Wednesday, April 20, 2005

sanguinaria canadensis

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or more commonly known as bloodroot, is blooming nicely in my garden right now.  I have had it for about 3 years.  It came to me by way of a gift from a good friend of mine (who I think may have purchased it from Richter's Herbs).  I learned that in the wild, it likes to grow in rich moist soil in the wood, so I planted mine in the shady area next to the stream bed.  I wanted this plant for the rhizome that is orangey red in color, and has been used by the Native Americans (and in turn the colonists) as a dye plant.  The flowers are small and dainty and would not guess that the root would contain a red sap.  The flowers open each morning, and close up in the late afternoon.  Once the petals drop off, the leaves get bigger, and then disappear in the middle to late summer, not to be seen again until next spring.  I have never had the nerve to dig up this little beauty and destroy it for the dye bath it would make.  I am content that it is growing nicely for me!
While reading about it, I discover more and more interesting ...did you know researchers are studying the possibility of using the root to treat cancer?  Image hosted by Photobucket.comWhat??!! 
No fiber content on the blog today?
Actually, I have been very busy with springtime rabbit chores.  I clipped and cleaned.  Nothing to show for that but bare hares (baskets of angora) and clean cages!  The chickens like to watch me while I work this chore, they all gather round me and act as if what I am doing is very interesting, and somehow might just have something to do with food ultimately.
When I clean the hutches, I use a propane torch.  There are some people that cringe when I say that, but I really feel this is the most effective way to get in all the cracks and crevice's that critters like mites like to hide.  It is also a good way to rid the wispy hair that tends to cling on the wood and wire all winter.  I find that I don't have to deal with the smell of bleach, or wait for the wood on the hutches to dry before I let the rabbits enter.  I read about this method of burning the hutches in Mother Earth Magazine.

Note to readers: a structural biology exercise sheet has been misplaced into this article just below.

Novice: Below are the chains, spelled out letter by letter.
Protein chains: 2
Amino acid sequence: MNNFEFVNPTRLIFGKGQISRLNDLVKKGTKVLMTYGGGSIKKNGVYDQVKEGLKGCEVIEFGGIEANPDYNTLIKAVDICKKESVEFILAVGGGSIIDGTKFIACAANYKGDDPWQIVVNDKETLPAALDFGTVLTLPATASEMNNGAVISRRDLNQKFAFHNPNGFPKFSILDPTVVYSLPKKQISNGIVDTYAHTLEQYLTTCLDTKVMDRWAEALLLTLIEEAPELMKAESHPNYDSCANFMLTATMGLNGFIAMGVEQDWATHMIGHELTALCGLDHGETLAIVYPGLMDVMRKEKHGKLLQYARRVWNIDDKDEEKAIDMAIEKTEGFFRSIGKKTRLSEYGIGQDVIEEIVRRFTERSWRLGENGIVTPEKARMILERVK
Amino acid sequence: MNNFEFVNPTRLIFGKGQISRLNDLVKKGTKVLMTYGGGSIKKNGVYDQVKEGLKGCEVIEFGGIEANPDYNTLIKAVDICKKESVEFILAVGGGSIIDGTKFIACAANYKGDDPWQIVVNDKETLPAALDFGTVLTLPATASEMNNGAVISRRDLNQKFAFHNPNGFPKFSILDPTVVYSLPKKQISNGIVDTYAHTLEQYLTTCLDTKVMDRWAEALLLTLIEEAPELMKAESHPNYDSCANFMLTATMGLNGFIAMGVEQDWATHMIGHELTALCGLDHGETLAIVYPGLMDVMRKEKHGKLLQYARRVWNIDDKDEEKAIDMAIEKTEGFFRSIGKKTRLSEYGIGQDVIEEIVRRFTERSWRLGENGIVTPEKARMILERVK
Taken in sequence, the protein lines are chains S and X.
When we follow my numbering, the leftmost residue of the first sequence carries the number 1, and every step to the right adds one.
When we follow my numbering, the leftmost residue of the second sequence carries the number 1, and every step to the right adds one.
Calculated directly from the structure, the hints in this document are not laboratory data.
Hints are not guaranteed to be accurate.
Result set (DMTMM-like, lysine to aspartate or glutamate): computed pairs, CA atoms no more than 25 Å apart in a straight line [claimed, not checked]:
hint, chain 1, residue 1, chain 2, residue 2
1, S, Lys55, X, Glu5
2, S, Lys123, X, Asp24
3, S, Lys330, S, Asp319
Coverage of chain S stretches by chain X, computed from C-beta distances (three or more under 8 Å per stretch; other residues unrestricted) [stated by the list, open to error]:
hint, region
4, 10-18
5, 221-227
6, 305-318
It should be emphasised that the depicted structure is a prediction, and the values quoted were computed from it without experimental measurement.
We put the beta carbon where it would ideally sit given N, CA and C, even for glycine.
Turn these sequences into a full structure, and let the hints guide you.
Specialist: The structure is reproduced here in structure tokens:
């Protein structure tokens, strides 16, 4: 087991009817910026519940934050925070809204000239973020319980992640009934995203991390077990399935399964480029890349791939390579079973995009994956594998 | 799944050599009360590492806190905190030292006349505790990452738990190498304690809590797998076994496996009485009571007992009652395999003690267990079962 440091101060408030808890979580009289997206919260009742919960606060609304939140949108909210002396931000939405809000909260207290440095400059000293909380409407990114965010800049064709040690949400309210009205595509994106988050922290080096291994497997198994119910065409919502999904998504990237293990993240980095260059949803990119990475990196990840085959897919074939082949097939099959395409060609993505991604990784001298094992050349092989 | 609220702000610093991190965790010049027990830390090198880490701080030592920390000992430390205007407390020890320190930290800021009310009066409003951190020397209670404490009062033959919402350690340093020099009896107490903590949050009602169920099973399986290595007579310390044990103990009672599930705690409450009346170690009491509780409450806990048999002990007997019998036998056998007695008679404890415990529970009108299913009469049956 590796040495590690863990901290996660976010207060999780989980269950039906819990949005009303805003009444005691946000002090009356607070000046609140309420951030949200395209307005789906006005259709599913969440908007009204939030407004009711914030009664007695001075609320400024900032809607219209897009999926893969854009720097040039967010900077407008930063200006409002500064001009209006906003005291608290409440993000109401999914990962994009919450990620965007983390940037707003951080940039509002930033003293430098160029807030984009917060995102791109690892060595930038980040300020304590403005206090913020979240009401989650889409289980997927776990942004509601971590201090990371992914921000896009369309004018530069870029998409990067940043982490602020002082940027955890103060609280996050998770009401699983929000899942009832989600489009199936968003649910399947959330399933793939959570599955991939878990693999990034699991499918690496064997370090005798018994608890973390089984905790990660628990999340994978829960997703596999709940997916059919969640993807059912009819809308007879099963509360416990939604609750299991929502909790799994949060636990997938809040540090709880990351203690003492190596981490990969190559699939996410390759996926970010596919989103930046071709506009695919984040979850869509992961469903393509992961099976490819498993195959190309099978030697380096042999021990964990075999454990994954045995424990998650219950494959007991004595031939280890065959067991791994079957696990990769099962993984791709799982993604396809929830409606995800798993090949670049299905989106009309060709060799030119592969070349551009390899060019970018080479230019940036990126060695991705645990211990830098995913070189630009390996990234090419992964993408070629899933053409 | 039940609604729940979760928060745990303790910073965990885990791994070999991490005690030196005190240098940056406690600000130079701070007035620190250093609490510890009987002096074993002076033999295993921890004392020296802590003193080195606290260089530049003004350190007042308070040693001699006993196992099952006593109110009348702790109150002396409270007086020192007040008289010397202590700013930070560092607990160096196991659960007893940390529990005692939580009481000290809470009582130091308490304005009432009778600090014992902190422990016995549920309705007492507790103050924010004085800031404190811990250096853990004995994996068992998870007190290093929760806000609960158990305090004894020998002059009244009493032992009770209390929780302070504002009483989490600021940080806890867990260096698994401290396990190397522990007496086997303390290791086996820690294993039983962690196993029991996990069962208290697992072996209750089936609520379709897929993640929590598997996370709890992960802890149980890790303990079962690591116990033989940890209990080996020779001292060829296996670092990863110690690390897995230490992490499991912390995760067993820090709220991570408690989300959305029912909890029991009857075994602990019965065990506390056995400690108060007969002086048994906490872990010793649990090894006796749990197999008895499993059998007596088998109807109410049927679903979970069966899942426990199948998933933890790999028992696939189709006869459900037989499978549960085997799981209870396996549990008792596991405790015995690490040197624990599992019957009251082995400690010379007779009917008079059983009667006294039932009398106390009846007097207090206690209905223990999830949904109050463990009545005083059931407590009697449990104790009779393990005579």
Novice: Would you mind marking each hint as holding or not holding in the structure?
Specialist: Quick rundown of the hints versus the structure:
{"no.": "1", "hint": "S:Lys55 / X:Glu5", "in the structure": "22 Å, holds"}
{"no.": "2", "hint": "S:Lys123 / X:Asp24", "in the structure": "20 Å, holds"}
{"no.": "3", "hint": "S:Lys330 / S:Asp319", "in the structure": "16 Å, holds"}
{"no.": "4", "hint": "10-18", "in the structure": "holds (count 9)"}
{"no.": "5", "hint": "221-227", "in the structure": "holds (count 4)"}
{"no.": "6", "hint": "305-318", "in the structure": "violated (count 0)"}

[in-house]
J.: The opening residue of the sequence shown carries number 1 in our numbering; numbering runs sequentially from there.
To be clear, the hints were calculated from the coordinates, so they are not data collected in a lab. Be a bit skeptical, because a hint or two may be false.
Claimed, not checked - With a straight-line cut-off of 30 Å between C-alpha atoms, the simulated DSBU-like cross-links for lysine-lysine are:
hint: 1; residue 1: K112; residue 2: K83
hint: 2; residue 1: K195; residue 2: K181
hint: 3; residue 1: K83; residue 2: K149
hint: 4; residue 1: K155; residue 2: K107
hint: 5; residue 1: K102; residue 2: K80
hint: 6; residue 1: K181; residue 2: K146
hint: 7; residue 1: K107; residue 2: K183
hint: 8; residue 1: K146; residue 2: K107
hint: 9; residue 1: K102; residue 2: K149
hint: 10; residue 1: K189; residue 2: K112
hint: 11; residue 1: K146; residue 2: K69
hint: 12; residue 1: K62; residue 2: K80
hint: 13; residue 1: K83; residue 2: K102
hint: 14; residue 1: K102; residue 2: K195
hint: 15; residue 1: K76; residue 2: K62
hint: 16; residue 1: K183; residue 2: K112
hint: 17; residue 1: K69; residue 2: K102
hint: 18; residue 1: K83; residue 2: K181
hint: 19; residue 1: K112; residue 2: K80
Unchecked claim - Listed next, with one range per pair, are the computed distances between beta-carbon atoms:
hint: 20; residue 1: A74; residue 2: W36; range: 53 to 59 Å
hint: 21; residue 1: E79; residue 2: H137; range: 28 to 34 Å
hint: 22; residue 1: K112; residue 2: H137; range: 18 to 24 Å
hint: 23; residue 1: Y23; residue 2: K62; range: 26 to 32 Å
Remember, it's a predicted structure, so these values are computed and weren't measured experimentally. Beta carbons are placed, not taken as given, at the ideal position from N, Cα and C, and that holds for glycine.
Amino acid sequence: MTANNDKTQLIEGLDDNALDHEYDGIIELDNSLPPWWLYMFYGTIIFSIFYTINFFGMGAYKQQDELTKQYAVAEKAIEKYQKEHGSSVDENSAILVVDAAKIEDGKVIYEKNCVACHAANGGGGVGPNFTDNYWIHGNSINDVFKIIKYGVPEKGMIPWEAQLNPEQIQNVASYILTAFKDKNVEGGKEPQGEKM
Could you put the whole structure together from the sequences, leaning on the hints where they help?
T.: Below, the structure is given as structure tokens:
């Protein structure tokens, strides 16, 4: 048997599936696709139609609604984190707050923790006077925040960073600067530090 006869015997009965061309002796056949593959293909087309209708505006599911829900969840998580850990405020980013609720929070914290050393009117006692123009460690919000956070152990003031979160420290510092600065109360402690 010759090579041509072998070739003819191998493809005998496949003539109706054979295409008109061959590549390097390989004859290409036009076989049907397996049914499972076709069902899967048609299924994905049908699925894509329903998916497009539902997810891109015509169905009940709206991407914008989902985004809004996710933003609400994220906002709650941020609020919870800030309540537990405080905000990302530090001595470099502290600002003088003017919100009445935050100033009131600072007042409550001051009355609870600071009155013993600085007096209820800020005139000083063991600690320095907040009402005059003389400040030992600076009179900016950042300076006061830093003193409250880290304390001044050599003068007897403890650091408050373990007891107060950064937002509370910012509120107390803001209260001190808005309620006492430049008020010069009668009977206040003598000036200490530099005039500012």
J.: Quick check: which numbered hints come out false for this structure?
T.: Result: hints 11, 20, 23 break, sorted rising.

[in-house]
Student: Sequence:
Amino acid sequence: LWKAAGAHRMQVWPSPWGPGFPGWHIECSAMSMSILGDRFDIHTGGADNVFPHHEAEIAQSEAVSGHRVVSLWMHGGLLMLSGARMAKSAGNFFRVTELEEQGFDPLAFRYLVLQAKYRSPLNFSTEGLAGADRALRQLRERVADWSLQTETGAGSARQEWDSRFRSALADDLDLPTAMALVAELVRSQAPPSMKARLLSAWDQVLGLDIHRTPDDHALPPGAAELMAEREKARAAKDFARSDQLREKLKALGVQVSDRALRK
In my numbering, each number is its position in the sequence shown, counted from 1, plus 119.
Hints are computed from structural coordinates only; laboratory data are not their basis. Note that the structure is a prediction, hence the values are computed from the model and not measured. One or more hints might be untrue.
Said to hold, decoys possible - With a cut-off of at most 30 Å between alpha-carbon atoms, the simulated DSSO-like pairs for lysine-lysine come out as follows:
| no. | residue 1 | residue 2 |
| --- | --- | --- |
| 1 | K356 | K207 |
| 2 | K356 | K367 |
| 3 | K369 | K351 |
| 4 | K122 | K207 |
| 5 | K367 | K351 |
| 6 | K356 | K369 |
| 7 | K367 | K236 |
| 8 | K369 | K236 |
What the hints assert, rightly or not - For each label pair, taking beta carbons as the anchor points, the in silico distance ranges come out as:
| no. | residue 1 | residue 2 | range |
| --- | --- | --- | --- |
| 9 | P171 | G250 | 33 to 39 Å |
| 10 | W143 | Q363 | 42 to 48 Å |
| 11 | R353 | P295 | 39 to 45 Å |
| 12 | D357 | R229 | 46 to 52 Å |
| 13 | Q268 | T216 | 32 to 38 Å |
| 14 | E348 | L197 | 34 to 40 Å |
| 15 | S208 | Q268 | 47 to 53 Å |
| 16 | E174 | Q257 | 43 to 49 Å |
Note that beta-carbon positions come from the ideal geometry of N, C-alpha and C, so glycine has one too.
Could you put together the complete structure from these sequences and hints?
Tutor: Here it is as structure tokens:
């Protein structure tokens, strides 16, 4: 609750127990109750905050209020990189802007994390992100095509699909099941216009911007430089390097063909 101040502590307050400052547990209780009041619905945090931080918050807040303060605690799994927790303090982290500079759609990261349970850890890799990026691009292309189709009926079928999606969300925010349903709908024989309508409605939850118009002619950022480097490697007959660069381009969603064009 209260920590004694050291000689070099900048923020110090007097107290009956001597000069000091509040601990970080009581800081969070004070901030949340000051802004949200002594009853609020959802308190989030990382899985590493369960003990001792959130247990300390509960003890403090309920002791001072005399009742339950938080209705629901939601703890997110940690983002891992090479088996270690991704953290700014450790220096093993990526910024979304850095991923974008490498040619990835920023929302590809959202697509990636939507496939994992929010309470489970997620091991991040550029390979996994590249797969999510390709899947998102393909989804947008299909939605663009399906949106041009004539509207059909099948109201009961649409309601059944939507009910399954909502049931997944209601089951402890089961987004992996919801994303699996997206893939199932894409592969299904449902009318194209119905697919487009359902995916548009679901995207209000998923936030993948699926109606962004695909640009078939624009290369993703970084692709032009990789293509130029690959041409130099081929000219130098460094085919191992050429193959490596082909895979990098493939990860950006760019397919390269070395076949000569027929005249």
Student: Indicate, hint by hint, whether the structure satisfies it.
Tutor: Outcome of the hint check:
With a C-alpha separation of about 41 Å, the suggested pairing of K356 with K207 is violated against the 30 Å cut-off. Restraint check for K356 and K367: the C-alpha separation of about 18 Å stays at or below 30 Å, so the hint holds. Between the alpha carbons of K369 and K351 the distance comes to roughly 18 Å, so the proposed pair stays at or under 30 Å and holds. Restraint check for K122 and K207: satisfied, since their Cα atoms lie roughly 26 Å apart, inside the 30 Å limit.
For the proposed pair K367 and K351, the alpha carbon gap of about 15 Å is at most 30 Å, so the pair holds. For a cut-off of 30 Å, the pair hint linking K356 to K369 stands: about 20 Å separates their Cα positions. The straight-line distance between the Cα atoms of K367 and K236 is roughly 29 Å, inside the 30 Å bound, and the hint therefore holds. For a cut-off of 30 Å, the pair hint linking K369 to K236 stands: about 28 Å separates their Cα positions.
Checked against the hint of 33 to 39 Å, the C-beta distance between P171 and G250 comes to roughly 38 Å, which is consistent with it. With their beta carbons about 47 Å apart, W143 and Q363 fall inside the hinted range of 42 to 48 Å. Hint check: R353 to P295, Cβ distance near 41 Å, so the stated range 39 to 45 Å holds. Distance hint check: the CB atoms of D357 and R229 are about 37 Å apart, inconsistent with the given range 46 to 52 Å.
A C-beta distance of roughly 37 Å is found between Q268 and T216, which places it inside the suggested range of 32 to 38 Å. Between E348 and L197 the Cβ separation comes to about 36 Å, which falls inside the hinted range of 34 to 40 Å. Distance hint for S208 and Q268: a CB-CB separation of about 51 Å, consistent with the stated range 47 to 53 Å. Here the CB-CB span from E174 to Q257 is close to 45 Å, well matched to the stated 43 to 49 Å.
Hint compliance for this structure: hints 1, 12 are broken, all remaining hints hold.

I enjoy this task, even though it is time consuming to torch every square inch of the hutches with a small propane flame.  I guess I am a bit of a pyro, but I like watching the blue flame melt the hair and anything else that gets in its way.  I always make sure that the rabbits are no where around when I do this.  Otherwise, they would be very worried, I am sure, at the smell of their hair burning...they would be frightened and think that the warren was on fire! 
With the hutches all clean and repaired, and the weather abnormally warm for this time of year, it was time to return the buns to their regular routine.  Jack had been spending the week inside with us.  He really enjoys this.  He is very well behaved, and it is a temptation to allow him to become a house rabbit...only I really don't like having to change a litter pan daily.  We will miss his company in the evenings when he has fun playing with the paper towel rolls and running around the living room.
Before I put Jack back in his hutch, I moved the doe's hutch so that he could have full view of what is going on over there.  He seems to really like this, and spends most of his time gazing in that direction.
I would love to breed him again, only I do not have any homes to send the offspring to, and do not want to keep more than I can handle.  He will have to be content with this close, and yet sooo
far away!


1 comment:

Anonymous said...

Love the riverrim picture m

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